The Aerial Crossroads of America
St. Louis's Lambert Airport
Distributed for Missouri History Museum Press
Aviation expert Daniel L. Rust begins his story with Albert Bond Lambert’s pioneering efforts to promote air travel in the Midwest. While other American airports might today eclipse Lambert, Rust shows that airports serving New York, Los Angeles, and Chicago all lack the longevity of Lambert and its range of historic activity. In the book, Rust moves at super-sonic speed, covering the 1923 Air Races, Charles Lindbergh and his Spirit of St. Louis, the US Air Mail service, the birth of American Airlines, military aviation, the rise of the aircraft manufacturing industry, the development of air traffic control, regulation and deregulation, and the decline of Lambert as a large hub following the demise of TWA and 9/11.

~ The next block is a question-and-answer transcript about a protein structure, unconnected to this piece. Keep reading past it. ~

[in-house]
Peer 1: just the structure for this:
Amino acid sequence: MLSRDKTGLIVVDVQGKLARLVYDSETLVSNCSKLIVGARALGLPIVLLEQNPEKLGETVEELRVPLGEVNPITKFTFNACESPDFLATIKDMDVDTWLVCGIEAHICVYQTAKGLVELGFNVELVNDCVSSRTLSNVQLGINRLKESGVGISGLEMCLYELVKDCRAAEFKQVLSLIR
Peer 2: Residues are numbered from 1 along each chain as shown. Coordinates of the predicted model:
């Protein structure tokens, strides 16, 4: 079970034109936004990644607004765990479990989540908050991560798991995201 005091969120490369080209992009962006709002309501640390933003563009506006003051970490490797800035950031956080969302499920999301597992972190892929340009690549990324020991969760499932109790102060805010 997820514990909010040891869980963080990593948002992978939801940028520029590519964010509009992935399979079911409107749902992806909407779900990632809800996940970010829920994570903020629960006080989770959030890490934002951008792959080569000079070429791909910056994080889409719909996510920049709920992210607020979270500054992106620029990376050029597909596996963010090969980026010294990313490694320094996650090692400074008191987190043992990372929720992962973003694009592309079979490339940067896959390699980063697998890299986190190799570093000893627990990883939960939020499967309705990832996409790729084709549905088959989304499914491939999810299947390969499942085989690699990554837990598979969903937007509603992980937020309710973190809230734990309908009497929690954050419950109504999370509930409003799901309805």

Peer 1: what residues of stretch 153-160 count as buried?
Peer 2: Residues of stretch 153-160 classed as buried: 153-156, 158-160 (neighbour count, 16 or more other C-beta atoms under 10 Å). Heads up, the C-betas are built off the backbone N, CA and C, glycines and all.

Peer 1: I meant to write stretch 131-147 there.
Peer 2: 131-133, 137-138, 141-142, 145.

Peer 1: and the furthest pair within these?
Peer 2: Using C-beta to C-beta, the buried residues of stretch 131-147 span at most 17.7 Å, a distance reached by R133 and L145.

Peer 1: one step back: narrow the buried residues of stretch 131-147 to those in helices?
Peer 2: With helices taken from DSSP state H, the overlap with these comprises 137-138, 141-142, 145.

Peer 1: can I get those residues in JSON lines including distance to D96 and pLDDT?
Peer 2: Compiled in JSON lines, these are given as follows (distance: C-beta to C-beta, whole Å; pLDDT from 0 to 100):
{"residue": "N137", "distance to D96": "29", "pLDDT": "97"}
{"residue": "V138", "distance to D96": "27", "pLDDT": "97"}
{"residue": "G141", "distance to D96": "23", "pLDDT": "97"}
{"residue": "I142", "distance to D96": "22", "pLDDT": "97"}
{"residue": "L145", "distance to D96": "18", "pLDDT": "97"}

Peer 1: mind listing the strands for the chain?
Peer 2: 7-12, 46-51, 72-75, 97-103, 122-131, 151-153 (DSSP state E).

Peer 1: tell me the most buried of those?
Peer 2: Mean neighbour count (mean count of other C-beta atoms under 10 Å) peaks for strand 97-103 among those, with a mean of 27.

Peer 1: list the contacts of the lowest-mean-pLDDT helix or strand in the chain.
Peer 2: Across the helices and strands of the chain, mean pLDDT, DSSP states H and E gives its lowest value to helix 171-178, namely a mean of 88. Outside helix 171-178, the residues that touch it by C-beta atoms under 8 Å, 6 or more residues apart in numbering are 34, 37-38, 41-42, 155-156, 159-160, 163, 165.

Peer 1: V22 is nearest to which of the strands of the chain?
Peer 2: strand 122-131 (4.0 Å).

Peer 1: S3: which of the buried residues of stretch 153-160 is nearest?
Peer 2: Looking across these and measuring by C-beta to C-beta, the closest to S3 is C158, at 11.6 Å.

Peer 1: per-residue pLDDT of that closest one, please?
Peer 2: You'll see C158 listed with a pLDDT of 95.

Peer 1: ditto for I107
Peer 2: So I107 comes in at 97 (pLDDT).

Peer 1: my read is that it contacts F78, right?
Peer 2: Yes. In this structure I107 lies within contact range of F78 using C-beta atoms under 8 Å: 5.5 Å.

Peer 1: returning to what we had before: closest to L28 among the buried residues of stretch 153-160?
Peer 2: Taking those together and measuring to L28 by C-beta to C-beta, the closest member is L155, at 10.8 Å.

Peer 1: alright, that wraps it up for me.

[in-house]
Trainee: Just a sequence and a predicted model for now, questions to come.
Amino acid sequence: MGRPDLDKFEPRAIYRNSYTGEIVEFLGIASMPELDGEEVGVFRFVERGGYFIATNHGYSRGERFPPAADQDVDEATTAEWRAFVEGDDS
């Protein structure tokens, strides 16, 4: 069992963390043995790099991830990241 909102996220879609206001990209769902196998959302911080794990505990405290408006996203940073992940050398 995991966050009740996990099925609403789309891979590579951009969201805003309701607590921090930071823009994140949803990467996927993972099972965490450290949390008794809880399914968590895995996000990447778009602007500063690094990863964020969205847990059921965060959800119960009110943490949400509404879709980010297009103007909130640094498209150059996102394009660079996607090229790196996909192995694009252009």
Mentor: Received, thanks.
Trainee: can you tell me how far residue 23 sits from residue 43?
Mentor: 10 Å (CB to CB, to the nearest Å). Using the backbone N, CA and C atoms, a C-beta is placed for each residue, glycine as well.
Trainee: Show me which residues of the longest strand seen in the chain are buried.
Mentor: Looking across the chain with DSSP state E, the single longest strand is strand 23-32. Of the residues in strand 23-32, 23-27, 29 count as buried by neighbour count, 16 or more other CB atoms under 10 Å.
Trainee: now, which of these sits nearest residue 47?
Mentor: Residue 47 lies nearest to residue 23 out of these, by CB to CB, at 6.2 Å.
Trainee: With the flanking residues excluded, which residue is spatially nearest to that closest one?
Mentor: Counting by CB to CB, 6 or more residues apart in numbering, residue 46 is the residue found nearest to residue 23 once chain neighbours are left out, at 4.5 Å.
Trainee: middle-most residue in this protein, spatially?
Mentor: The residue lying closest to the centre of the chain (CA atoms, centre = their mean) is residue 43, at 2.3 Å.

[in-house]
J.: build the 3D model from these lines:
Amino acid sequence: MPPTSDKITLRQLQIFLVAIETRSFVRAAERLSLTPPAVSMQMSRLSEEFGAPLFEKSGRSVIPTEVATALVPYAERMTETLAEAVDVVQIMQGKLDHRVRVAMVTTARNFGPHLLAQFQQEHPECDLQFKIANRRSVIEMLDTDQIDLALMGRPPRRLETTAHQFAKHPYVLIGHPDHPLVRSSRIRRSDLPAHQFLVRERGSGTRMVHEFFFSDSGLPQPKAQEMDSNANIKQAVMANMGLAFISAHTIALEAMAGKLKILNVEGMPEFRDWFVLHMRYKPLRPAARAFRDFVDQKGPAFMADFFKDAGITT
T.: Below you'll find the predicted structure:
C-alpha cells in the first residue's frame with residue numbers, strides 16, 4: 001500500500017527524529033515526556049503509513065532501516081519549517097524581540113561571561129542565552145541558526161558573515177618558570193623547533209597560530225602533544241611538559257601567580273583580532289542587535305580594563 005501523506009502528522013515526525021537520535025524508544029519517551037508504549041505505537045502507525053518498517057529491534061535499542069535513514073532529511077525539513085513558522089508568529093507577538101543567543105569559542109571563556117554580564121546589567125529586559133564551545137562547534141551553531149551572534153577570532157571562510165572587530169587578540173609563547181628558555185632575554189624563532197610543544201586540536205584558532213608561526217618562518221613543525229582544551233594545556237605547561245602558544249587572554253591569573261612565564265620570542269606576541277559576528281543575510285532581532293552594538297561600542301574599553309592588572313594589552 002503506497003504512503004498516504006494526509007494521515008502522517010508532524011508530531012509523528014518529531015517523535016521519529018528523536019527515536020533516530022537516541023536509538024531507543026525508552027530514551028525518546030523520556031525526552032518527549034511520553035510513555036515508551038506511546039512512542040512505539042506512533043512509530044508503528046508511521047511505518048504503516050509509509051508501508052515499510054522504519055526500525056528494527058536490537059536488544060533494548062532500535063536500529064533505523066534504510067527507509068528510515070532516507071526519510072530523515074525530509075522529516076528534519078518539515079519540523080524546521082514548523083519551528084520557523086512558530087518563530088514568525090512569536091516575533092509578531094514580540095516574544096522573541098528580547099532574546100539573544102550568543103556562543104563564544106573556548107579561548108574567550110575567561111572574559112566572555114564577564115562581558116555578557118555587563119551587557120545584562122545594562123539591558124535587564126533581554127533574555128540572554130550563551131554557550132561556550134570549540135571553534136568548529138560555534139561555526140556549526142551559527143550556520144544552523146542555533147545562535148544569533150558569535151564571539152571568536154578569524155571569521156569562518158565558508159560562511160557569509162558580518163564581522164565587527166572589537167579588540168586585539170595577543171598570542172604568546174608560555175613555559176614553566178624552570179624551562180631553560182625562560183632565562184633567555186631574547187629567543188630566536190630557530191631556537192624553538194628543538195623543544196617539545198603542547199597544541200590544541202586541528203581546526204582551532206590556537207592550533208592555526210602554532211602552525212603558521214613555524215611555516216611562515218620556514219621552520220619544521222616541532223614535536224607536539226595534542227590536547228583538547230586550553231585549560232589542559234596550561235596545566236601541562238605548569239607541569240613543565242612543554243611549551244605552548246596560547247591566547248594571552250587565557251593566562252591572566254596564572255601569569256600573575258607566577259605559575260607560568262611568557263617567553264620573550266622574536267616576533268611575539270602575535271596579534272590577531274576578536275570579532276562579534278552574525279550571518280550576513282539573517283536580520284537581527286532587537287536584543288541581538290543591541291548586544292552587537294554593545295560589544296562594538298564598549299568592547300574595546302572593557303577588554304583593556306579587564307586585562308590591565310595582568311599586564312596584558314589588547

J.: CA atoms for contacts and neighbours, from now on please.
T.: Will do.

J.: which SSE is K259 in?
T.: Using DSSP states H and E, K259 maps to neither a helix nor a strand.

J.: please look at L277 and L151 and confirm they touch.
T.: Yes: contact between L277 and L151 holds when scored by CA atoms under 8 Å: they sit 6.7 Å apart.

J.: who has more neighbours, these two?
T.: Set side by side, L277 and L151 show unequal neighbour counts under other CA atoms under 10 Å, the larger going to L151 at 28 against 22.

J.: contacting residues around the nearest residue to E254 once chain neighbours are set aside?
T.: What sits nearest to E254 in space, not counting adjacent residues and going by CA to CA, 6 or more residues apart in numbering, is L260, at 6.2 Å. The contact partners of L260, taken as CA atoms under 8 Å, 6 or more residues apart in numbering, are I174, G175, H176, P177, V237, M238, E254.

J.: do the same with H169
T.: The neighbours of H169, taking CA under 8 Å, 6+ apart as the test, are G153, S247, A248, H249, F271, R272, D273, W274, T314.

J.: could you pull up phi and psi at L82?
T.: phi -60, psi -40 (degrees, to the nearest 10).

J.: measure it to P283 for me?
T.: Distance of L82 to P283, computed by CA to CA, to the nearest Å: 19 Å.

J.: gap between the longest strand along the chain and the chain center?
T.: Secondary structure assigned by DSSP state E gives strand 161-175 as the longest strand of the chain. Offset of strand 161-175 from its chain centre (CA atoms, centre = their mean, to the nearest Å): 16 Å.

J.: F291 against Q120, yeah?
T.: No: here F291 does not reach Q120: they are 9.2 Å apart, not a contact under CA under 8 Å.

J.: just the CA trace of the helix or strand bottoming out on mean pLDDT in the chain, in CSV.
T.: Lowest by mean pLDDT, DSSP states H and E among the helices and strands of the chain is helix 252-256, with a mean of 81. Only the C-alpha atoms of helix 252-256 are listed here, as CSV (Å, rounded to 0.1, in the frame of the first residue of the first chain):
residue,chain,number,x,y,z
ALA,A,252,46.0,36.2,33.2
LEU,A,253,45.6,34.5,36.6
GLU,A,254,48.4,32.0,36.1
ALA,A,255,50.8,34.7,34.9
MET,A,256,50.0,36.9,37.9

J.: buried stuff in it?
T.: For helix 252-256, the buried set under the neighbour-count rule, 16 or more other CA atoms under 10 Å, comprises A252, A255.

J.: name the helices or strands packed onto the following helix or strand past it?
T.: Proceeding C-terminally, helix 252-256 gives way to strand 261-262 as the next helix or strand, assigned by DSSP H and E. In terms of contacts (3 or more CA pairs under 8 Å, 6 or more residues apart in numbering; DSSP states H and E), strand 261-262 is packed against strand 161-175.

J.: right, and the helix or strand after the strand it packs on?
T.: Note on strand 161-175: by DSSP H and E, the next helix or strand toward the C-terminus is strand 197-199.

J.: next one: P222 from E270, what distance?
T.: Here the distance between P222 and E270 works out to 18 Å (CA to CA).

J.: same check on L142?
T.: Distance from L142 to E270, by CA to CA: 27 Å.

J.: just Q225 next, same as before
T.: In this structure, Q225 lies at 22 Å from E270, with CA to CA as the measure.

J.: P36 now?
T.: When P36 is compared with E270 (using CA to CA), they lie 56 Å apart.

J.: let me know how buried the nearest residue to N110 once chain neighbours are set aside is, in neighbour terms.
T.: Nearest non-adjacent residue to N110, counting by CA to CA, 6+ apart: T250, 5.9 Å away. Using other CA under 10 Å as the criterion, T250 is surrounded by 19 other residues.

Brimming with anecdotes, little-known historical threads, and lively explanations of just what Lambert has meant to the aviation industry, The Aerial Crossroads of America will be an invaluable resource for anyone interested in aviation, inspiring readers to glance out their windows and admire the view on every ascent.
Chapter 1 Albert Bond Lambert and the Genesis of Lambert-St. Louis Airport
Chapter 2 Lambert’s Airport | 1920-1927
Chapter 3 A Municipal Airport for the City of St. Louis | 1928-1939
Chapter 4 Lambert during World War II | 1940-1945
Chapter 5 The Postwar Years | 1946-1956
Chapter 6 The Jet Age and the Space Age | 1957-1968
Chapter 7 The Battle for Lambert Airport | 1968-1977
Chapter 8 The Era of Airline Deregulation | 1978-1988
Chapter 9 Expanding Lambert: Alternatives F-4 and W-1W | 1989-2000
Chapter 10 Lambert in the Twenty-first Century | 2001 and Beyond